Private screenings of the controversial film on the May 13, 1969 racial riots, Tanda Putera are allowed because the cabinet decision to postpone its screening is restricted to public screenings only.
"There have been some private screenings for people to make some judgments and decisions.
"As long as there is no public screening, for that is the decision that was made by the cabinet," Minister in the Prime Minister's Department Koh Tsu Koon said today.
Asked why was this allowed despite charges that the film was racially divisive, the de facto unity minister questioned such a charge.
"I don't know how many screenings there have been, but has it led to racial strife? I don't know. You better check the facts before reporting on that," Koh told reporters.
Information Minister Rais Yatim had previously said that Tanda Putera's premier has been deferred because of 'inappropriate' scenes in the film.
'For the people's benefit'
"The cabinet has decided for the benefit of the people, that the official premiere of the film be postponed as it contains scenes that may cause conflicts.
"This is because it shows the tragedy of May 13 which is disputed by various parties," he said in November last year.
Koh, who was fielding questions at a press conference today, also announced that Malaysia has won the third place in the World Interfaith Harmony Week 2013 competition organised by the Jordan-based Royal Aal Al-Bayt Institute for Islamic Thought.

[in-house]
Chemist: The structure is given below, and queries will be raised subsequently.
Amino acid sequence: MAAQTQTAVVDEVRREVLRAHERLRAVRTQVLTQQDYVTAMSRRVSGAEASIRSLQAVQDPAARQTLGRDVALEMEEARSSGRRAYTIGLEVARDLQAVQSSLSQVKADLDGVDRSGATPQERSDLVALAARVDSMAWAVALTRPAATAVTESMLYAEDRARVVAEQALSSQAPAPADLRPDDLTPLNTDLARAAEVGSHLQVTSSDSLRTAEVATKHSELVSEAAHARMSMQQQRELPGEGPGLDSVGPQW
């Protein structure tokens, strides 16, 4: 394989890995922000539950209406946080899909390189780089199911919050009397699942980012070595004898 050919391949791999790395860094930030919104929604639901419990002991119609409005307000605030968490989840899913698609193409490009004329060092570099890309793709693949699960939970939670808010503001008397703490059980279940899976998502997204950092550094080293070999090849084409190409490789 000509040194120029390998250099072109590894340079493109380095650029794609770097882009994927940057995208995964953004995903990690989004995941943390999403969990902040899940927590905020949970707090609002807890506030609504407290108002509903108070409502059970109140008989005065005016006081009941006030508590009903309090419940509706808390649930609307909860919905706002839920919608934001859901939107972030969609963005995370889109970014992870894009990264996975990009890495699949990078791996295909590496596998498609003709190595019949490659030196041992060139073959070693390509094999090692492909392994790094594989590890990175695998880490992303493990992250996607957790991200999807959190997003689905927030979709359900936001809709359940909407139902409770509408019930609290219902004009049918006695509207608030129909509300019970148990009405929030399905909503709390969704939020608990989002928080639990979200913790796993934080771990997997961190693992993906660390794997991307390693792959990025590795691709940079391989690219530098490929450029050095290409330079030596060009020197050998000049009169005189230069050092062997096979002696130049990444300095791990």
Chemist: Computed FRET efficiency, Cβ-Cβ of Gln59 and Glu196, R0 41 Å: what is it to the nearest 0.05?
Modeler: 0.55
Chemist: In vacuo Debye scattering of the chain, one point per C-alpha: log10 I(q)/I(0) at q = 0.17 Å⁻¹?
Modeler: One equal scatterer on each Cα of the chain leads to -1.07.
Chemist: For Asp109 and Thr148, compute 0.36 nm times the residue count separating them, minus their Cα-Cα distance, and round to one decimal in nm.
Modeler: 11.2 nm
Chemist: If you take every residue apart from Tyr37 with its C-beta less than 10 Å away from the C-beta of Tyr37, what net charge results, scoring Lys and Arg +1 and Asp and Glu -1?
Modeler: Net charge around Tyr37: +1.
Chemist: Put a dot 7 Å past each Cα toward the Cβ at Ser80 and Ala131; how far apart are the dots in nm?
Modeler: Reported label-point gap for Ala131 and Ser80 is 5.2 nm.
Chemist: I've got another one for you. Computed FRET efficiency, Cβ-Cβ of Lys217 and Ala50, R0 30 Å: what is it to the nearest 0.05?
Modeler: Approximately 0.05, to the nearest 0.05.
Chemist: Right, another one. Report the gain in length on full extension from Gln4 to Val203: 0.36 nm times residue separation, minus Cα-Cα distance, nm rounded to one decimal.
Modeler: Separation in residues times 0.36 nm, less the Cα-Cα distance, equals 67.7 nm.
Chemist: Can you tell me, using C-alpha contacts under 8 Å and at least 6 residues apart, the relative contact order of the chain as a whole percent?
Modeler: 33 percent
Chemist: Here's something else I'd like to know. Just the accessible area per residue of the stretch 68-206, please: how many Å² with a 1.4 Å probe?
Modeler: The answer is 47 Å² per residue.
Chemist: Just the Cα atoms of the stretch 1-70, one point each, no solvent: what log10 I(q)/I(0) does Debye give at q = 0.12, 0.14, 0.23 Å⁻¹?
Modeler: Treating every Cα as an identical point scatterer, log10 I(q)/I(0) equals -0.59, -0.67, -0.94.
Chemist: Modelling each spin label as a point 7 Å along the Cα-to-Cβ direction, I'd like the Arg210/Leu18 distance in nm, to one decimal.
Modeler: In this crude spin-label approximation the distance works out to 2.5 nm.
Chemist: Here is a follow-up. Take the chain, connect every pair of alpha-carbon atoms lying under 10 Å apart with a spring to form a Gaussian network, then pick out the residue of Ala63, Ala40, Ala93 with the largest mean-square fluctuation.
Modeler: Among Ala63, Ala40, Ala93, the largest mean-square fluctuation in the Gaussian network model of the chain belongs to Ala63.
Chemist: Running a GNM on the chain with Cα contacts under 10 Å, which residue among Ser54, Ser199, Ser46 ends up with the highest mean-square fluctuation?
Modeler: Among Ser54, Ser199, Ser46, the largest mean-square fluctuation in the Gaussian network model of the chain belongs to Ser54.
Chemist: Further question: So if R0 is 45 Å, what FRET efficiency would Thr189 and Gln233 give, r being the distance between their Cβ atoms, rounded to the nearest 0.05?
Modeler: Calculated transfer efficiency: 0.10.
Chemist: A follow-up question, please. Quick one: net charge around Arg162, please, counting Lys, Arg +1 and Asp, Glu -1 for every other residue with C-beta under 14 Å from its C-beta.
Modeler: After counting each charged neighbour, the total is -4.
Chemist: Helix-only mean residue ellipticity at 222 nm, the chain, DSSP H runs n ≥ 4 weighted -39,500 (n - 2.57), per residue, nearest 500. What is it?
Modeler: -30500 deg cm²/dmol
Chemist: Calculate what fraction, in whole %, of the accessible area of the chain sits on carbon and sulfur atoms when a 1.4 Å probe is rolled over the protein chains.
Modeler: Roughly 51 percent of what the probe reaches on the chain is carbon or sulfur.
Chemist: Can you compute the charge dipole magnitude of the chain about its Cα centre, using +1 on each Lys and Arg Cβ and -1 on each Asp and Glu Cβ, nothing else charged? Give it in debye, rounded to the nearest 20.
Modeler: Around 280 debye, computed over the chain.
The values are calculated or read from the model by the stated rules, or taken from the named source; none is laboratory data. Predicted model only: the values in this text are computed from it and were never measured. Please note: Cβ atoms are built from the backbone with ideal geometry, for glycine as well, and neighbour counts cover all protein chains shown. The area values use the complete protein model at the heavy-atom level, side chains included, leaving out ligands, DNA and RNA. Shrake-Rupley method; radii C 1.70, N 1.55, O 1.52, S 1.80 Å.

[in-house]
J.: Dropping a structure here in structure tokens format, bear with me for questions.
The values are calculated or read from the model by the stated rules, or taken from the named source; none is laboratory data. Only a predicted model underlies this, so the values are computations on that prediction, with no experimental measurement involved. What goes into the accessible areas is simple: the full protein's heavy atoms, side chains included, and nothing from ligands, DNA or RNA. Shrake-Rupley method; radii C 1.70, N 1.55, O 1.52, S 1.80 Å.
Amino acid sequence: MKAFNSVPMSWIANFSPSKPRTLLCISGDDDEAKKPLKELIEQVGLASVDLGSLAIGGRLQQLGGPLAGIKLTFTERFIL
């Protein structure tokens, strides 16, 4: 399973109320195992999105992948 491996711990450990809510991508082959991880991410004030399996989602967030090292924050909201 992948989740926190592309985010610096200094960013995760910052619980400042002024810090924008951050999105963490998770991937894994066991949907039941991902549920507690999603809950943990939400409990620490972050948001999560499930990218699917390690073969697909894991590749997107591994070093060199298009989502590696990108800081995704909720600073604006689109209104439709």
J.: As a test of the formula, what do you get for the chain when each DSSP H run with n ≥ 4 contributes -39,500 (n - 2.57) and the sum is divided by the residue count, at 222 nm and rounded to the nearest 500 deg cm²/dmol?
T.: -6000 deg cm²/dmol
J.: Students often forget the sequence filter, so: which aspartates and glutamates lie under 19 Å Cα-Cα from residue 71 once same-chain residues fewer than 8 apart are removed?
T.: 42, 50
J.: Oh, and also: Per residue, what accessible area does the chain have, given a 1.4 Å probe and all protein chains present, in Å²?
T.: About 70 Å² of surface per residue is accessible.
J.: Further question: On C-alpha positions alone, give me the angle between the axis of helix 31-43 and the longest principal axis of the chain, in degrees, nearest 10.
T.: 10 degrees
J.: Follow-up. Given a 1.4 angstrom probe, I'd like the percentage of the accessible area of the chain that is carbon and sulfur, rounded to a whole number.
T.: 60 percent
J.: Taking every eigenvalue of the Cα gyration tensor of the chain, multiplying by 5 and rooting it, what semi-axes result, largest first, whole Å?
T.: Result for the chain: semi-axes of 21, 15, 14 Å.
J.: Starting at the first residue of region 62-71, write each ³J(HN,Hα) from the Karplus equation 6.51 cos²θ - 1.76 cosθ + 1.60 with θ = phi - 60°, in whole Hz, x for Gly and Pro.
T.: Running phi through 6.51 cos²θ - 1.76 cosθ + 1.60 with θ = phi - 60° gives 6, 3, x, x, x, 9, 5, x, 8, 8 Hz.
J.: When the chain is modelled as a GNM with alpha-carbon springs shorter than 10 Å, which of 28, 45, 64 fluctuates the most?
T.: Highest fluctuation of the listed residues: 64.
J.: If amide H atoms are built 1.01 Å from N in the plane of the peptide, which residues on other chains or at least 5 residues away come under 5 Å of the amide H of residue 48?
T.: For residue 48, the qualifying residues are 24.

The Department of National Unity and Integration would be awarded with a bronze medal and US$5,000 at a ceremony in Jordan on April 25.
Malaysia had marked the celebration with a series of events from Feb 1 to Feb 8, including one where Prime Minister Najib Abdul Razak ( left ) toured five places of worship in Brickfields on Feb 2.
Koh added that the people should not engage with religious extremists who are at the fringes. Instead, the best policy was to simply ignore them and focus on efforts to foster harmony with those in the mainstream.
"Very often, people want to be heroes and utter certain statements. If you engage with them, there is more opportunity for them to say more and more," he said.
On other issues, Koh, who is also Gerakan president, declined to comment on Malay rights pressure group Perkasa's threat not to support his party's candidates.
"Let (Penang BN chief) Teng Chang Yeow deal with it, there is no need for me to issue a statement on this. To us, it is just a small matter and Teng has stated his stance on the issue clearly," Koh said.
Perkasa is irate about Teng's statement that he would not have attended the group's event at Speaker's Square, Penang, had he known earlier that Perkasa was involved in it.